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  1. #26
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    PHP isn't event driven so the way around a typical MVC approach in a event driven paradigm is to have the controller move information from the model to the view. In a event driven application the view would read directly from the model though. The view would essentially listen for a update event of some kind on the model. When the model dispatched that event the view would then update and read the appropriate information from the view. However, this isn't really possible in PHP. Instead the Ruby Approach has been adopted and coined MVC for the non event driven applications like those of the internet putting aside flash apps.

  2. #27
    I solve practical problems. bronze trophy
    Michael Morris's Avatar
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    extract() is the coolest function in PHP. Here's my entire template engine

    PHP Code:
        protected function parse($template$output null) {
            if (empty(
    $output)) {
                
    $this->preParse();
                
    $output $this->output;
            }
            
            
    extract($output);
            
            
    ob_start();
            include(
    $this->findTemplate($template));    
            
    $this->parsedOutput .= ob_get_clean();
            
        }
        
        
    /**
         * Preparse - allows us to one last chance to manipulate output arrays 
         * before they are fed into the view files. This function does nothing 
         * at this level - override it as necessary.
         */
        
    protected function preParse() {} 
    This is all part of the root controller class. The controller does it's thing - calling up relevant models, getting data reports from them, and puts it all in the $output member of the controller. The view gets included into the parse function, the output is extracted to the current scope, then the view code runs.

    View code is PHP, though I do use braceless syntax in the views. Again, as others have stated, self-discipline is used to make sure database calls and the like don't occur in the view.

    Preparse exists for polymorphic reasons - I've used it once in the framework's history. Parse can also be given output to parse rather than use the output of the current controller - this allows one controller to call another.

    Obviously this is a LOT less overhead than smarty or any of the other Template engines. In my opinion putting a template engine in PHP is like using a pickup truck to pull a semi-truck - unwieldy and wasteful at best.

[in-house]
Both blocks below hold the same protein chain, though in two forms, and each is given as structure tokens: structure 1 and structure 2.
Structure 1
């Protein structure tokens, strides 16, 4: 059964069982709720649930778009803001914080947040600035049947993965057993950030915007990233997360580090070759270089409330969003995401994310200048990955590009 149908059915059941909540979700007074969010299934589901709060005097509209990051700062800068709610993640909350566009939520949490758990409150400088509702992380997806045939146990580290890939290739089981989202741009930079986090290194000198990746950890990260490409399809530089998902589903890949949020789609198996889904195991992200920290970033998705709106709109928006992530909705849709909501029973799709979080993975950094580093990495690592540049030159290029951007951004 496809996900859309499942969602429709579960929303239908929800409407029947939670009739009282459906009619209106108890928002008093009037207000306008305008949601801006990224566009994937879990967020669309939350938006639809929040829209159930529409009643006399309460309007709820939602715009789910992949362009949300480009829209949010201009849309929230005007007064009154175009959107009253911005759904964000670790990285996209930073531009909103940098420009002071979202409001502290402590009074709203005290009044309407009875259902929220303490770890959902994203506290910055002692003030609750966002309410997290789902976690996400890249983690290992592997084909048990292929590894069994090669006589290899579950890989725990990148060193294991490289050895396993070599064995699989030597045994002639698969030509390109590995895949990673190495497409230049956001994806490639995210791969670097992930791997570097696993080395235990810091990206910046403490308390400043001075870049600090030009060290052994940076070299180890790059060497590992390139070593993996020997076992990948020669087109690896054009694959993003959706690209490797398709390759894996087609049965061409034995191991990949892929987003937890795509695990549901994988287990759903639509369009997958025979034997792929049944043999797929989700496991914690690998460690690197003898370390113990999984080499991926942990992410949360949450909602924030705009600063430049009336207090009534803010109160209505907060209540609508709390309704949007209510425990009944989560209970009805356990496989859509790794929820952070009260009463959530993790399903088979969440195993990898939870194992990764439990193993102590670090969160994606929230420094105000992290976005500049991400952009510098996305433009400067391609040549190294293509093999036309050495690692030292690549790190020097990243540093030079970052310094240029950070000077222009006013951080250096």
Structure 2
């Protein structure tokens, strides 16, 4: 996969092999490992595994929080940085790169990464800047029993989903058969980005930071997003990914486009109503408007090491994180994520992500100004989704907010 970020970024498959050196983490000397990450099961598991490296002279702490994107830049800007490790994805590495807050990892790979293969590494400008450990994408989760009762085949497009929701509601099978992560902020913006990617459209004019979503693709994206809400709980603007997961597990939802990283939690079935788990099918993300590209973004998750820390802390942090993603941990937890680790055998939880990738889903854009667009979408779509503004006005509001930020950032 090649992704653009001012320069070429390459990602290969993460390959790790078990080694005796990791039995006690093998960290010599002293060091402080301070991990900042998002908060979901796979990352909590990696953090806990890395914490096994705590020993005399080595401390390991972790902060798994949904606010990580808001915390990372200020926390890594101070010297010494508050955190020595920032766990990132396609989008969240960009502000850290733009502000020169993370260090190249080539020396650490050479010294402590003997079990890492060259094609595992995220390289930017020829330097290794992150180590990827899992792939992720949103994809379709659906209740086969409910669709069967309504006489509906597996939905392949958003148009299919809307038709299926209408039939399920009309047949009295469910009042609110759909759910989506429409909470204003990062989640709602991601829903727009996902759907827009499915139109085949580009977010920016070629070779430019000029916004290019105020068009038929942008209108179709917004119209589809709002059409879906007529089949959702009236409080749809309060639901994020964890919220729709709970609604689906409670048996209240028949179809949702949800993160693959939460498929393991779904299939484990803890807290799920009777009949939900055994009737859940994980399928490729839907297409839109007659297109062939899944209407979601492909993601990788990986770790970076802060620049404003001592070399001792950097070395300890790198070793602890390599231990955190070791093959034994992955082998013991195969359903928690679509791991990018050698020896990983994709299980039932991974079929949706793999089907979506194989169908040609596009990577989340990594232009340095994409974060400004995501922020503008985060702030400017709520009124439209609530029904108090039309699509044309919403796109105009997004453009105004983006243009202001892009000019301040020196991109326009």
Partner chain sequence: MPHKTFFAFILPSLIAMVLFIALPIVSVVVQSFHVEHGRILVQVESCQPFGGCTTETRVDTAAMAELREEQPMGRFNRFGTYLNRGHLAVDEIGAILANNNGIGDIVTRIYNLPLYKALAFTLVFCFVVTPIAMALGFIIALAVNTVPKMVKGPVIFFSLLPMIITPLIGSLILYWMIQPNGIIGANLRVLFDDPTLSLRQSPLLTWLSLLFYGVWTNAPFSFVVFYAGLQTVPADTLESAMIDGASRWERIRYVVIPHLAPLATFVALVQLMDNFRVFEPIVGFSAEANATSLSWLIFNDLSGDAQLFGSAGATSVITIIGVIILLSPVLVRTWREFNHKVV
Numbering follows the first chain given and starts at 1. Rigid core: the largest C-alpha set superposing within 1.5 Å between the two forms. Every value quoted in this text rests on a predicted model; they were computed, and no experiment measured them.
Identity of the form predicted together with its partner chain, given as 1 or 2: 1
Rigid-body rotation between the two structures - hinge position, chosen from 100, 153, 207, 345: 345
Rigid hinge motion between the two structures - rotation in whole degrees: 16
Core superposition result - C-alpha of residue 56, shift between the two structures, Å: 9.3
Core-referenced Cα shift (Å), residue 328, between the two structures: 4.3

Further, if I wanted a language that needed a separate template engine for enforcing business logic segregation from view logic I'd use Python or Java as both of these solutions will be faster and more efficient than PHP in that situation. Using a template engine with PHP butchers the very advantages PHP brings to the table - if code segregation is that important than use a language that facilitates it and works well under that constraint. PHP is not such a language.

  3. #28
    I solve practical problems. bronze trophy
    Michael Morris's Avatar
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    Quote Originally Posted by oddz View Post
    PHP isn't event driven so the way around a typical MVC approach in a event driven paradigm is to have the controller move information from the model to the view. In a event driven application the view would read directly from the model though. The view would essentially listen for a update event of some kind on the model. When the model dispatched that event the view would then update and read the appropriate information from the view. However, this isn't really possible in PHP. Instead the Ruby Approach has been adopted and coined MVC for the non event driven applications like those of the internet putting aside flash apps.
    Didn't spot this earlier. True, PHP isn't event driven, but Javascript is. If javascript handlers are attached to AJAX requesters they can be resolved to specific functions in PHP which in turn can behave as 'events'. They can compose their responses as javascript.

    My framework is built around this concept - a sort of MVC^2 since there are two controllers (one in PHP and one in JS). Ruby influences it some since I've chosen the prototype framework for the js side of things.


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